As David Williamson’s latest foray demonstrates this idea that we’re stealing from our kids is back in fashion.
Cruise Ship Australia is in fact living off resources that took billions of years to accumulate. We’re eating up our past at a prodigious rate. Our grandchildren won’t have it nearly as easily as we have.
At the Fabian Society function for David McKnight’s book ‘Beyond Left and Right’ Race Mathews made the extra-ordinary comment that the major task for Australia’s politicians in the next generation is to explain to Australians how we need to lower our standard of living because the Indians and Chinese would be increasing their call on the world’s resources.
A similar (though slightly less confused) idea is at the heart of the Australia Institute sponsored Genuine Progress Indicator (though it seems a little orphaned since the Australia Institute removed the link to the GPI from it’s homepage.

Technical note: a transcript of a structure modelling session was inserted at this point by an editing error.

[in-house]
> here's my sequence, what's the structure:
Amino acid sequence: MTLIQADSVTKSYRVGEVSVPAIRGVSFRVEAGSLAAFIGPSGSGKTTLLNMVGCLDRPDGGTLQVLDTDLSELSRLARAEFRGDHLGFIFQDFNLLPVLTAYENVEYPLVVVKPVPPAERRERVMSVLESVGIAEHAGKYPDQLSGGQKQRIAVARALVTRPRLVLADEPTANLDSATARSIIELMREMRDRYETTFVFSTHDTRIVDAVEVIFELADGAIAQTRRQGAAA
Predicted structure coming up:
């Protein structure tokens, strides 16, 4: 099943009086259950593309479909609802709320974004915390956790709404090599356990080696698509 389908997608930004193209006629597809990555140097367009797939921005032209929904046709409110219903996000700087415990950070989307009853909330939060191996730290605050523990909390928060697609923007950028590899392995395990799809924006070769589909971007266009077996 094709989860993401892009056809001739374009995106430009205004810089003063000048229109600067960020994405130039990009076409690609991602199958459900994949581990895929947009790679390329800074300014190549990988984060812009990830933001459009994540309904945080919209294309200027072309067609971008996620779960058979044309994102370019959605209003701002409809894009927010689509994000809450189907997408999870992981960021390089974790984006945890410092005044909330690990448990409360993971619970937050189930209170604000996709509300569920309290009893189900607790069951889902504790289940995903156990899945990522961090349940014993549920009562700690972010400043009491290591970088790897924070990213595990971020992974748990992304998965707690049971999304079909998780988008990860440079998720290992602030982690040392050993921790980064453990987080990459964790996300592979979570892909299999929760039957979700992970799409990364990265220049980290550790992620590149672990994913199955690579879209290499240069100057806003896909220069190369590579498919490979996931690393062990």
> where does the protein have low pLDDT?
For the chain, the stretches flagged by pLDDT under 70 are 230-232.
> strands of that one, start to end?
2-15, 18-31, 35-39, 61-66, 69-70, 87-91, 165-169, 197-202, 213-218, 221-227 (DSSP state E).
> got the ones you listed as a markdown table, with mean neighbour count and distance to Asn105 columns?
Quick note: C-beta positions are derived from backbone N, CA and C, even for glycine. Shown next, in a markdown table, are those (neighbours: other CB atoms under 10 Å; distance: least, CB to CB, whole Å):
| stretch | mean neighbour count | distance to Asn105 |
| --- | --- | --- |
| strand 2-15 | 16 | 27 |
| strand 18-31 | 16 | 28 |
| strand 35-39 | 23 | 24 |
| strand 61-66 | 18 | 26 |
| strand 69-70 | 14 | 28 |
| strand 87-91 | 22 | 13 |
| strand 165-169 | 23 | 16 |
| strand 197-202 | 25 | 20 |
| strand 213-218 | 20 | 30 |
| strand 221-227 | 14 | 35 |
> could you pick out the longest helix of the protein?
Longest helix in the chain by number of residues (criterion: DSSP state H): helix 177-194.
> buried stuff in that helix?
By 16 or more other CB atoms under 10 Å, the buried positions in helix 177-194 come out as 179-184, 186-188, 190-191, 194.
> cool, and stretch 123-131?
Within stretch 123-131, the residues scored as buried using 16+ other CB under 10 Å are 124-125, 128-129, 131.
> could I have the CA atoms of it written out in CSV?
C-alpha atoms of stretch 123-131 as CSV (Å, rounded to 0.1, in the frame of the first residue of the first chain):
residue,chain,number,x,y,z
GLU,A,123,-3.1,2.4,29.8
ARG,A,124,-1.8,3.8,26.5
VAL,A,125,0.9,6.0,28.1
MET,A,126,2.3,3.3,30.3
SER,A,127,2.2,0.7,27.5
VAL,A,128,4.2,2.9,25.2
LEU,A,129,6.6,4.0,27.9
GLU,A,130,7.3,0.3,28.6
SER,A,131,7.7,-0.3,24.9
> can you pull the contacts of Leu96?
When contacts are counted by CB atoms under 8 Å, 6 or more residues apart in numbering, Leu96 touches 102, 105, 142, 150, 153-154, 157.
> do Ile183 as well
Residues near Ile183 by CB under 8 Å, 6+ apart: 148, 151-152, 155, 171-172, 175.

The GPI’s attempt to flesh out the GDP numbers to generate more sensible indicators of welfare is sensible enough in principle. But it has unfortunately been taken as an opportunity to ideologically bias the result in various not so thinly disguised ways.
The fact is that, although each generation degrades the earths resources (by mining them) all modern generations have bequeathed to them all their intellectual property (you can’t take it with you!). And that turns out to be worth so much more than the itty bitty bit of resource theivery going on that it doesn’t bear mention. It’s amazing to me how rarely this gets mentioned in debates on intergenerational equity – and what it’s implications are.
Of course one could still argue that things are or will go downhill in other regards – we seem to be becoming more unequal and who’s to say that’s not more important in a rich society than a bit more riches. And there’s greenhouse which could become a nightmare for us. But the popular version of this – that our children will scrounge around trying to find energy or other resources because we’ve snaffled it all is nonsense.
I wondered if anyone could refer me to any empirical work trying to quantify the two contrasting effects.